U.S. Attorney Laura Duffy made the comments initially to California Watch, a project of the nonprofit Center for Investigative Journalism. They come a week after she and three other U.S. attorneys in California vowed to close medical marijuana businesses they deem questionable and single out people who rent buildings or land to the industry.

“I’m not just seeing print advertising,” Duffy told California Watch. “I’m actually hearing radio and seeing TV advertising. It’s gone mainstream. Not only is it inappropriate – one has to wonder what kind of message we’re sending to our children – it’s against the law.”

Duffy wasn’t available Thursday to speak to the AP but her office confirmed the comments published by California Watch.

The federal government will determine whether the media crackdown is necessary as the results of last week’s actions unfold, Duffy’s spokeswoman Debra Hartman said. She cited a federal law that prohibits people from placing ads that have the purpose of buying or selling a controlled substance.

“If I own a newspaper … or I own a TV station, and I’m going to take in your money to place these ads, I’m the person who is placing these ads,” Duffy said, according to California Watch. “I am willing to read (the law) expansively and if a court wants to more narrowly define it, that would be up to the court.”

Duffy declined to give further details on the plan under consideration or say whether a media crackdown would involve the state’s other U.S. attorneys. But a spokesman for the Sacramento U.S. attorney told the Bakersfield Californian that there were no plans to go after advertising.

Duffy’s comments are creating a buzz in the media industry, California Newspaper Publishers Association executive director Tom Newton said. As it stands now, advertisers are responsible for the contents of their ads in newspapers, he said.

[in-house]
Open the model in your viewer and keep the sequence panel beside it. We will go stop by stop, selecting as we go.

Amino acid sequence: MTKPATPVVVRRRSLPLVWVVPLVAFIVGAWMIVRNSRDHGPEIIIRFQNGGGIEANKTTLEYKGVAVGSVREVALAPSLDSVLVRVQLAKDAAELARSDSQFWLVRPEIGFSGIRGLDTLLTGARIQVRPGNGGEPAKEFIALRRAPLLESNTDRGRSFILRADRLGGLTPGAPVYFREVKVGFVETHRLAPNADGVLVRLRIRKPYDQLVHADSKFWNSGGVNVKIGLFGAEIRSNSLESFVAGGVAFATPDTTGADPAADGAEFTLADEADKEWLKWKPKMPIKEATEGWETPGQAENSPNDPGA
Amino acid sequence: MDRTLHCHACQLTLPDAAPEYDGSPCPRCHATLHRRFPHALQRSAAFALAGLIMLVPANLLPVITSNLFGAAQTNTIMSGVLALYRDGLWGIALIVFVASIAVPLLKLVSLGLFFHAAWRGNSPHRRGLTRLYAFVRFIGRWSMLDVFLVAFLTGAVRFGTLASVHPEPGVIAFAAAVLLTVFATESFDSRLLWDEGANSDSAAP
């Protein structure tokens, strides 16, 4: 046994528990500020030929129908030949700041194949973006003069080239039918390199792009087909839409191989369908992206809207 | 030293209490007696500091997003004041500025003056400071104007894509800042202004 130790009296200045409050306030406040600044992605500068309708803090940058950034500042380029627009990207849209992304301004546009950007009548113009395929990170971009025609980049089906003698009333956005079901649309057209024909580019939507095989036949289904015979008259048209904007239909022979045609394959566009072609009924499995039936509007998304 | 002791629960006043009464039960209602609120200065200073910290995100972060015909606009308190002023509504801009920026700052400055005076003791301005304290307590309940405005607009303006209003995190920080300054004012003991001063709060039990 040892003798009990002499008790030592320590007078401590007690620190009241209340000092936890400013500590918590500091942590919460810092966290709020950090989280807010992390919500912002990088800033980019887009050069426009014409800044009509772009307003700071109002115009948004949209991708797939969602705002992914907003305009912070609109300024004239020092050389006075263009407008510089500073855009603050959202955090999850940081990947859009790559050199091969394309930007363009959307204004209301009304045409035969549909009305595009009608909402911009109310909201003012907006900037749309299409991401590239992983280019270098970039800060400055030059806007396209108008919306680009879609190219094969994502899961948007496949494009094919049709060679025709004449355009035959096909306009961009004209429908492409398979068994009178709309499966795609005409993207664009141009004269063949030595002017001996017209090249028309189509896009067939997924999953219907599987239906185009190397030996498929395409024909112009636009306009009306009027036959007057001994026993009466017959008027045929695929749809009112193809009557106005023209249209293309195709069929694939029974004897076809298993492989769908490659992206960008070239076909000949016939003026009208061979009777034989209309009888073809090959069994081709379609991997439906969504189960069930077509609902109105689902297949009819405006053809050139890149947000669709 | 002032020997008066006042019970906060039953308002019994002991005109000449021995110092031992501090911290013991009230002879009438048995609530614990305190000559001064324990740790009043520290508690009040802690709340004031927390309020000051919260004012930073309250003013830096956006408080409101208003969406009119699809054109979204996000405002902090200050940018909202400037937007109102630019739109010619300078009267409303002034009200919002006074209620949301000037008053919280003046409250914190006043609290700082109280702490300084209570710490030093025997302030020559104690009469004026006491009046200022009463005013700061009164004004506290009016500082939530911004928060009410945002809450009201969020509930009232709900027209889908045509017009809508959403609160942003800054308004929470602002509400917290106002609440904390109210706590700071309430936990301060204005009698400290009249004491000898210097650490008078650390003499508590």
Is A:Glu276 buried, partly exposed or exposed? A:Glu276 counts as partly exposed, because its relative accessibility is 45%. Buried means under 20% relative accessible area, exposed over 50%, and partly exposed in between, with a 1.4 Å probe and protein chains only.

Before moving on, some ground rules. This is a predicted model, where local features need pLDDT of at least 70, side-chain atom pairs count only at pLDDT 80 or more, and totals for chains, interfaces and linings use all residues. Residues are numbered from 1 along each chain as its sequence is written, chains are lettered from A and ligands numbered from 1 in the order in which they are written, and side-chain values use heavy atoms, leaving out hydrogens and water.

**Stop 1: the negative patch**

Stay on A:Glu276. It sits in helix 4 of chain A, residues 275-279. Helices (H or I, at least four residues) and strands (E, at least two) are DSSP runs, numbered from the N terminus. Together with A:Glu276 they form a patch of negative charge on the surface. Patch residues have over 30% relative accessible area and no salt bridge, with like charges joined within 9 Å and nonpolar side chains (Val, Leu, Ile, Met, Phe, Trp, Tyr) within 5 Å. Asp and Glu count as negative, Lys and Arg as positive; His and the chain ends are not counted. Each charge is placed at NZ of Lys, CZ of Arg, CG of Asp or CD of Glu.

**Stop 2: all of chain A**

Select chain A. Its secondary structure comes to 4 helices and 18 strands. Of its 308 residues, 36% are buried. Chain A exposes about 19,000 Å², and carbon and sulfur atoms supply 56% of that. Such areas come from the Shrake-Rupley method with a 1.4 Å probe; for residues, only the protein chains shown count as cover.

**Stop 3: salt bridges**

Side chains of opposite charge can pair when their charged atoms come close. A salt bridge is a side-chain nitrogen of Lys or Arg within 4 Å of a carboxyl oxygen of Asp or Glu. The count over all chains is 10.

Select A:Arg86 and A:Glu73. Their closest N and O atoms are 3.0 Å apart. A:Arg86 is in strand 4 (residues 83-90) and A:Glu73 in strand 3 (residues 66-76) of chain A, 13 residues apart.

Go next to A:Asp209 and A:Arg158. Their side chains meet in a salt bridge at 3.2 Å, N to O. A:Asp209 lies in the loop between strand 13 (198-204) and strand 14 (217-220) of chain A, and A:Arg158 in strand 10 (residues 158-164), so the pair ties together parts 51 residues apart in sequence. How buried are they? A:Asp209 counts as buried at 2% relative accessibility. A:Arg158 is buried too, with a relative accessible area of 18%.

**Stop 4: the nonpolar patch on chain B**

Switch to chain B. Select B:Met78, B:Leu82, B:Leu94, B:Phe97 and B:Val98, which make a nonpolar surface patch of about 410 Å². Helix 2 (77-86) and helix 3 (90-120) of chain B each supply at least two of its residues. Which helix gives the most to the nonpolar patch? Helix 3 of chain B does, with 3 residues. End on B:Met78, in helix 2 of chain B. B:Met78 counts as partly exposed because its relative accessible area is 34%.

“If they are false, misleading or fall below the line in other legal ways, advertisers are responsible,” he said. “Newspapers don’t have the staff or time to vet every claim in every ad that they run.”

Duffy, whose district encompasses San Diego and Imperial counties, and the U.S. attorneys in three other California districts sent written warnings last week to landlords leasing property to dozens of warehouses and agricultural parcels where marijuana is being grown and for retail spaces where it is sold, telling them to evict their tenants or face criminal charges or seizure of their assets.

The attorneys say the state’s law legalizing medical marijuana was intended to allow it to be supplied to seriously ill people on a nonprofit basis. But the law has been abused by people who are just looking to get rich, they say.

The action comes only months after the Obama administration tightened its stance on the issue.

Media owners were waiting to see what happens before reacting publicly, Newton said.

“I think everybody needs to take a breath here and really think about the implications of this issue and whether or not this is a reasonable effort and use of the limited resources of the U.S. attorney’s office,” Newton said.”

To find additional federal criminal news, please read Federal Crimes Watch Daily.

Douglas McNabb and other members of the U.S. law firm practice and write and/or report extensively on matters involving Federal Criminal Defense, INTERPOL Red Notice Removal, International Extradition and OFAC SDN Sanctions Removal.

The author of this blog is Douglas McNabb. Please feel free to contact him directly at mcnabb@mcnabbassociates.com or at one of the offices listed above.